Almost every Monday, Tuesday, and Wednesday from 12-12:15pm, I experience the longest drive of my life.
On these days, I pick up my daughter from preschool where her teachers usually gush over how well behaved she was for the few hours she is there. They talk about how funny she is, how calm she is, how good she is with the other kids and with them.
Apparently she waits to hear that approval before she decides to let her crazy out on the way home.
Today, it was the norm. She is great on the walk to the car, and within three minutes of driving she is a completely insane, unruly, defiant child. She kicks the passenger seat. She screams at me. She throws things. She unbuckles the safety belt on her carseat. She screams some more. She pulls out all the tricks until I’m losing my mind, yelling back at her, pulling the car over repeatedly to buckle her safety belt back up and tell her what privileges I’m taking away this time. She is, undeniably, a strong-willed child, and it comes out every single day in different ways, good and bad. Today it wasn’t the good parts showing through.
I’m embarrassed by how quickly my patience went out the window and I responded to her in a way I don’t even want to discuss, but for the sake of being real, let’s go over it:
I screamed back. Loud. Loud enough that it made Leo cry. I pulled over, smacked her leg, and demanded that she buckle her safety belt back up or she would get hurt and that it would hurt worse than her leg being smacked. I pulled over again at a different time. I apologized. I yelled again. I unleashed my crazy–the one I try to hide and control 95% of the time.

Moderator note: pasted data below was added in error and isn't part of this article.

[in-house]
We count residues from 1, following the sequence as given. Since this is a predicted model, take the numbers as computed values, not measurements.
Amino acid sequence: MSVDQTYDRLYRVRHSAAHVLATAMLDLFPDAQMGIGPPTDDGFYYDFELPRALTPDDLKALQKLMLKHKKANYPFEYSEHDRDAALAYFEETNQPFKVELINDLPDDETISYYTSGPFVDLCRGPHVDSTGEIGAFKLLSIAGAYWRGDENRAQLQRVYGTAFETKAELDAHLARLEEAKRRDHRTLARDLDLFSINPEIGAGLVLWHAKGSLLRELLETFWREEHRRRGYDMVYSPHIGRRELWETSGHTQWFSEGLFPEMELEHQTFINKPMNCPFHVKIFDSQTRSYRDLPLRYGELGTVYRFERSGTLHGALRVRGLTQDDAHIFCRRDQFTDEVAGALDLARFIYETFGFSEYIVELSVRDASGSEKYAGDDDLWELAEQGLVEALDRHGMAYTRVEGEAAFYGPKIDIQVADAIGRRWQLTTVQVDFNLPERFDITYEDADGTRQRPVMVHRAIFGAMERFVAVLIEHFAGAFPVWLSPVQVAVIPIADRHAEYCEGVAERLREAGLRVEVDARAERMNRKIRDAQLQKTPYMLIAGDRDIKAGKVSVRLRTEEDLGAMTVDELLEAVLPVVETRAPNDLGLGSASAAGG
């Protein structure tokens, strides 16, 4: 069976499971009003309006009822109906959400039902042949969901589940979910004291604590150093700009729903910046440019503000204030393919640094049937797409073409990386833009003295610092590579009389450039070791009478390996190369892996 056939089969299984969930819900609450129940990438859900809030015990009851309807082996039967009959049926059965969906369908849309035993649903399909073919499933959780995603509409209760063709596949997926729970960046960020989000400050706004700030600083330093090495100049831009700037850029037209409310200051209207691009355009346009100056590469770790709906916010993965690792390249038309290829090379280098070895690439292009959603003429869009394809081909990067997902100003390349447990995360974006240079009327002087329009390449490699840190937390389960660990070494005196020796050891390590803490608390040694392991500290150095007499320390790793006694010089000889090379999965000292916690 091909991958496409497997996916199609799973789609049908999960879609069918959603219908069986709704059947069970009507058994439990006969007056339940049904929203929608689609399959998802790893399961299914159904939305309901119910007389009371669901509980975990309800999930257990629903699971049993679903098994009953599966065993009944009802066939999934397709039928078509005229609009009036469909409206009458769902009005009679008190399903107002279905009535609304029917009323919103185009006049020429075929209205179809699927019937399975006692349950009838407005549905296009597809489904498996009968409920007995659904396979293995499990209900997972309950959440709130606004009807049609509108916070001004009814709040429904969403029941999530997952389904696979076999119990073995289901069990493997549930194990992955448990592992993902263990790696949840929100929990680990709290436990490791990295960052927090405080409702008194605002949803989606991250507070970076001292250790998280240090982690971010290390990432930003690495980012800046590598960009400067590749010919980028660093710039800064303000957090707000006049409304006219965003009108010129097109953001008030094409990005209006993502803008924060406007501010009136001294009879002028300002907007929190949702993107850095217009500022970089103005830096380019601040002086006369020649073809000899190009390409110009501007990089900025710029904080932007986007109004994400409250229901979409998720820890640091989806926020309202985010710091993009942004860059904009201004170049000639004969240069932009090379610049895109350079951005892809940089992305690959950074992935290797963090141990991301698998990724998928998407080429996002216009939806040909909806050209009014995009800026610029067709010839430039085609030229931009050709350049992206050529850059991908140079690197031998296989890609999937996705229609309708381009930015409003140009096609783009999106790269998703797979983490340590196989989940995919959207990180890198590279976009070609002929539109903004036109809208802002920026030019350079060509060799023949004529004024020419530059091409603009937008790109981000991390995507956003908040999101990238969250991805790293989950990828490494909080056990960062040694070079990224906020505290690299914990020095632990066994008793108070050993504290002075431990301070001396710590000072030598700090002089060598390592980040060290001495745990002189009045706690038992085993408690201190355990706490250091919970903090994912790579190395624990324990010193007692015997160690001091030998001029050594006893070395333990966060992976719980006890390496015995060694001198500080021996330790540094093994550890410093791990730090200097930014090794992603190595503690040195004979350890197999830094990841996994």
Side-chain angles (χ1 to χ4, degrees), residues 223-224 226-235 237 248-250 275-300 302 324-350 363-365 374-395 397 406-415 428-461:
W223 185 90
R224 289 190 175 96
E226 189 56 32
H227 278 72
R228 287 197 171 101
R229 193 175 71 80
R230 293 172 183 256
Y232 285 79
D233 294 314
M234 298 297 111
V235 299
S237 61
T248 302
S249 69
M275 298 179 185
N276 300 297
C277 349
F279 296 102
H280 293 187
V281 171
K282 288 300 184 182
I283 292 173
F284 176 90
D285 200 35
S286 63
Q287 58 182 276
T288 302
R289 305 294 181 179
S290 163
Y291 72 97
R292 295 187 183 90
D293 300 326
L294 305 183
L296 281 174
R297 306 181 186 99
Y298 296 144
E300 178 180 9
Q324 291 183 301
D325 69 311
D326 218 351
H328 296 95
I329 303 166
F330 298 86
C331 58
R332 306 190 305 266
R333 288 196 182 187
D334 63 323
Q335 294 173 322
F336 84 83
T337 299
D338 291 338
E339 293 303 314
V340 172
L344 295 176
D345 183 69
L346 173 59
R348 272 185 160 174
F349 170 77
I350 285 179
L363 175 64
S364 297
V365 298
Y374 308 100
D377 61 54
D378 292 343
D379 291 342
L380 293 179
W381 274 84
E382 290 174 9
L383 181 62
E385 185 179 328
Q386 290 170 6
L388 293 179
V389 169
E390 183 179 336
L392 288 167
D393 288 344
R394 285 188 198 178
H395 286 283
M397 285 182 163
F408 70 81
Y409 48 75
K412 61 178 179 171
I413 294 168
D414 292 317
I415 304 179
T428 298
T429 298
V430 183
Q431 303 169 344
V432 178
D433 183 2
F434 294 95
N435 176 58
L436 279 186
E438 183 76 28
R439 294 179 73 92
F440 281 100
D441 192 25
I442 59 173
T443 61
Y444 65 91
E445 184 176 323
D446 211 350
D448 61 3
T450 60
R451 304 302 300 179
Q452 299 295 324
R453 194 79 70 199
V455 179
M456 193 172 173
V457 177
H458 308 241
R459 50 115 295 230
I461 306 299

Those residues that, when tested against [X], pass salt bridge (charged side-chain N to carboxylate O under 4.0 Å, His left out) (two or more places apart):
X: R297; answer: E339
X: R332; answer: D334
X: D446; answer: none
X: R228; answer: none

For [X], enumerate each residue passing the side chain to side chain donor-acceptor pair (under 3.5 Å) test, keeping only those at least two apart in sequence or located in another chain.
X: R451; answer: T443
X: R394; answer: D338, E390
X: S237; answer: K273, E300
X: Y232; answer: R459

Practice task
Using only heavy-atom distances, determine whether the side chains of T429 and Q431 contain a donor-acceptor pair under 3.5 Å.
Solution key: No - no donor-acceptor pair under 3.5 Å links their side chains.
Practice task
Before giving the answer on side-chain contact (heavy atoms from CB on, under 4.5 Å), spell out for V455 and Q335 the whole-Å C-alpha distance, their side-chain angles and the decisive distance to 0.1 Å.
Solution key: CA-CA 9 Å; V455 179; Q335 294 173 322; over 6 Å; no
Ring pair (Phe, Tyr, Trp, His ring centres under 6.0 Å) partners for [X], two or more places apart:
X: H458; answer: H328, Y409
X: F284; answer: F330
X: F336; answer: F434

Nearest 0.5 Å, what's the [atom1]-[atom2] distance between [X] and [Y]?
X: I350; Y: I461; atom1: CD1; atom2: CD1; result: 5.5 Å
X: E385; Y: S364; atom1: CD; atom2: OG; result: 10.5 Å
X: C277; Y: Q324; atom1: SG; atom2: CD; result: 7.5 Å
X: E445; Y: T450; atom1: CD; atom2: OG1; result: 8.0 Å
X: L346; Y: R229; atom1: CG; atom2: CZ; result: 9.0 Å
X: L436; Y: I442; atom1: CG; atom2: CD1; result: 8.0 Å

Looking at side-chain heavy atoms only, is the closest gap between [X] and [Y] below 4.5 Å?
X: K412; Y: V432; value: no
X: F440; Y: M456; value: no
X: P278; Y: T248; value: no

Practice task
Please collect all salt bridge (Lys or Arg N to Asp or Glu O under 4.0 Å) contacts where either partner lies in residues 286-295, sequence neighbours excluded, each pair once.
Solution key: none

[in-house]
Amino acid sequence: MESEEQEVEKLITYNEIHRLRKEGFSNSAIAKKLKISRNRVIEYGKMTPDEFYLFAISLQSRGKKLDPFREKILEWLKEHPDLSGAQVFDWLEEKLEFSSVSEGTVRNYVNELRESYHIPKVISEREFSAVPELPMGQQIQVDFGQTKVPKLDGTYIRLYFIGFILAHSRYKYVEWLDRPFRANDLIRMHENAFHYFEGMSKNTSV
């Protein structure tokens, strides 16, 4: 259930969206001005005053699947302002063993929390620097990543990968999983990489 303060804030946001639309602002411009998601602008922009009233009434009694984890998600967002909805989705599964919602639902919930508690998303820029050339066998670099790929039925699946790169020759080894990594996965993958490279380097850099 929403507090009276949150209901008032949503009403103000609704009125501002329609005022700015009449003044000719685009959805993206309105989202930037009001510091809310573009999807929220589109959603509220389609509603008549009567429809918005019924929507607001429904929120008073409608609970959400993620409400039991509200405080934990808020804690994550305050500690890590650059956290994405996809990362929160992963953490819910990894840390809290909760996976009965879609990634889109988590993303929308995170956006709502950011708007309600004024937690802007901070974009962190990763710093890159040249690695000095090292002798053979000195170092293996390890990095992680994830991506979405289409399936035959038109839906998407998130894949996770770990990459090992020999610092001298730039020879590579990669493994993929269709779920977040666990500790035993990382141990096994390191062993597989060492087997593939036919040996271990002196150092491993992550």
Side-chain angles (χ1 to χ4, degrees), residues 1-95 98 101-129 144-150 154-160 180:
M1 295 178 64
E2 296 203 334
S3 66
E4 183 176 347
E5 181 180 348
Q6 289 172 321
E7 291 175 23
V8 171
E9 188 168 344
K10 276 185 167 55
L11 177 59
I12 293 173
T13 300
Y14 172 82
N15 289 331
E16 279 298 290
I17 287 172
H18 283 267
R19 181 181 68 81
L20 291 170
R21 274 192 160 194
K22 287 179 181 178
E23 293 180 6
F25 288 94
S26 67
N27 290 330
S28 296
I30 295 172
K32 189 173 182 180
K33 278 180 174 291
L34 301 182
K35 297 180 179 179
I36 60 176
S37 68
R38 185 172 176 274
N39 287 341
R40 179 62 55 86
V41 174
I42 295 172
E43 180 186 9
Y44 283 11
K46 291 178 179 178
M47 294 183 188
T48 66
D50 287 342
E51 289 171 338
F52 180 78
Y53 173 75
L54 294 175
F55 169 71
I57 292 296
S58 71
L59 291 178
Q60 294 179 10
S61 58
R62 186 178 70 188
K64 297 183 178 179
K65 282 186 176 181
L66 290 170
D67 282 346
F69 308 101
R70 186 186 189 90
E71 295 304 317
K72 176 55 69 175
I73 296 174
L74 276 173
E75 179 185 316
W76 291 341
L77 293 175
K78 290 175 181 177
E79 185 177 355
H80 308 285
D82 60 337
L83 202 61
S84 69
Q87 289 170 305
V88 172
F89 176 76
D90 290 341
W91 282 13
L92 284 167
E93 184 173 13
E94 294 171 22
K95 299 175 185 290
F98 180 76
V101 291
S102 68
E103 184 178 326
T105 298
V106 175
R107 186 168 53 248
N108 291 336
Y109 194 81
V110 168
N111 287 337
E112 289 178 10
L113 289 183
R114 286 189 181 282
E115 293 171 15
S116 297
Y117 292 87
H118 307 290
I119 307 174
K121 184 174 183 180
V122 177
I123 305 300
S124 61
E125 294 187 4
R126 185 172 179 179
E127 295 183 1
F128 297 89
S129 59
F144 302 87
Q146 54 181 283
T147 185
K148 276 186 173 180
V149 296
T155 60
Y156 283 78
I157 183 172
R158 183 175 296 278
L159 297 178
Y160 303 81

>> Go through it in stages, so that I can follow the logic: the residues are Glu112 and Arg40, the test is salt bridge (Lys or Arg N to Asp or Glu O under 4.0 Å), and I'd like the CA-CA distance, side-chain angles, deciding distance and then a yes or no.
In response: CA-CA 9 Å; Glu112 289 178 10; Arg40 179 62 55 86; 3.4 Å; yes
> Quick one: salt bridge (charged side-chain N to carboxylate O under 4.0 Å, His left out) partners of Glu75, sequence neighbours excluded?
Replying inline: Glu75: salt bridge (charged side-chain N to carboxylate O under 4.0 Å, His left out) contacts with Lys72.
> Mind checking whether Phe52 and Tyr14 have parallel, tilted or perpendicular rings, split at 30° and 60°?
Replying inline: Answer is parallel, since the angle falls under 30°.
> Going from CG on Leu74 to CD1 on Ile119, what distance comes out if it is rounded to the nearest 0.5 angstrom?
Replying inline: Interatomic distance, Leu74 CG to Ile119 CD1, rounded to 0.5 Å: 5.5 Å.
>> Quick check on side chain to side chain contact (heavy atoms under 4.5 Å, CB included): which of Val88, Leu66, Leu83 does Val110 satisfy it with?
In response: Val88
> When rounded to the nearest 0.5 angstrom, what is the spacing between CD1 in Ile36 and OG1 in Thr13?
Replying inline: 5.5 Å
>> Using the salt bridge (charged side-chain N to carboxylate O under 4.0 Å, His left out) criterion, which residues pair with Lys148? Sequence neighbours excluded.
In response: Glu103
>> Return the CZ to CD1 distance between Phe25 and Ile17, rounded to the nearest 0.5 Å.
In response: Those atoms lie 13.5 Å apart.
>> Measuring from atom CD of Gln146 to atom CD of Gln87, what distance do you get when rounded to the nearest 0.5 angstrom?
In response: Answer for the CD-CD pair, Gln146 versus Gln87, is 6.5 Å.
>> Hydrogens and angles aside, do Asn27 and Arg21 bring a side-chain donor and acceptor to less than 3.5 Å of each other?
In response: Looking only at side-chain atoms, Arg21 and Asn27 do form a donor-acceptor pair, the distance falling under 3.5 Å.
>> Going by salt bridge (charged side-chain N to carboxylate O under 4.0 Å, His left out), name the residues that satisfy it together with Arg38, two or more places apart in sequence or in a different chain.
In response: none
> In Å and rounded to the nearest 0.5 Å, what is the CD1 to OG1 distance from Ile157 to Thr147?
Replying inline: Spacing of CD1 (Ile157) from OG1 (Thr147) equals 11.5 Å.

Lather, rinse, repeat.
I actually went so far as to tell her I didn’t like her right now. Talk about feeling like pure shit as a mother. A failure.
When we got home Leo had fallen asleep and I sat in the car with them in the garage in silence for a few minutes. I went over everything that had just happened, feeling like crap, and then Isla, out of the silence, said, “Mama? I’m sorry.”
And there’s me, blinking repeatedly at this moment in an effort to hold back tears.
I told her I was sorry too. I got her out of the car and gave her a long hug. We talked about what happened. I gave her a hug, I told her I loved her, and I told her I was sorry I was mean. I took her inside, asked her to sit on the bench until I got Leo, and I went back in the garage.
And then she got off the bench, shut the door to the garage, and locked me out.
Patience = gone. Absolutely gone. Out the window, once again.
I put her in her room, I gave her a long time out, and I got Leo ready for his nap. Eventually, I went in, and I think that’s when it finally clicked for both of us that we needed to relax. I needed to control my temper. I’m an adult. I need to be patient. I need to be kind. I need to teach her the kind of behavior through my actions that I want her to display.
But God, I’m only human.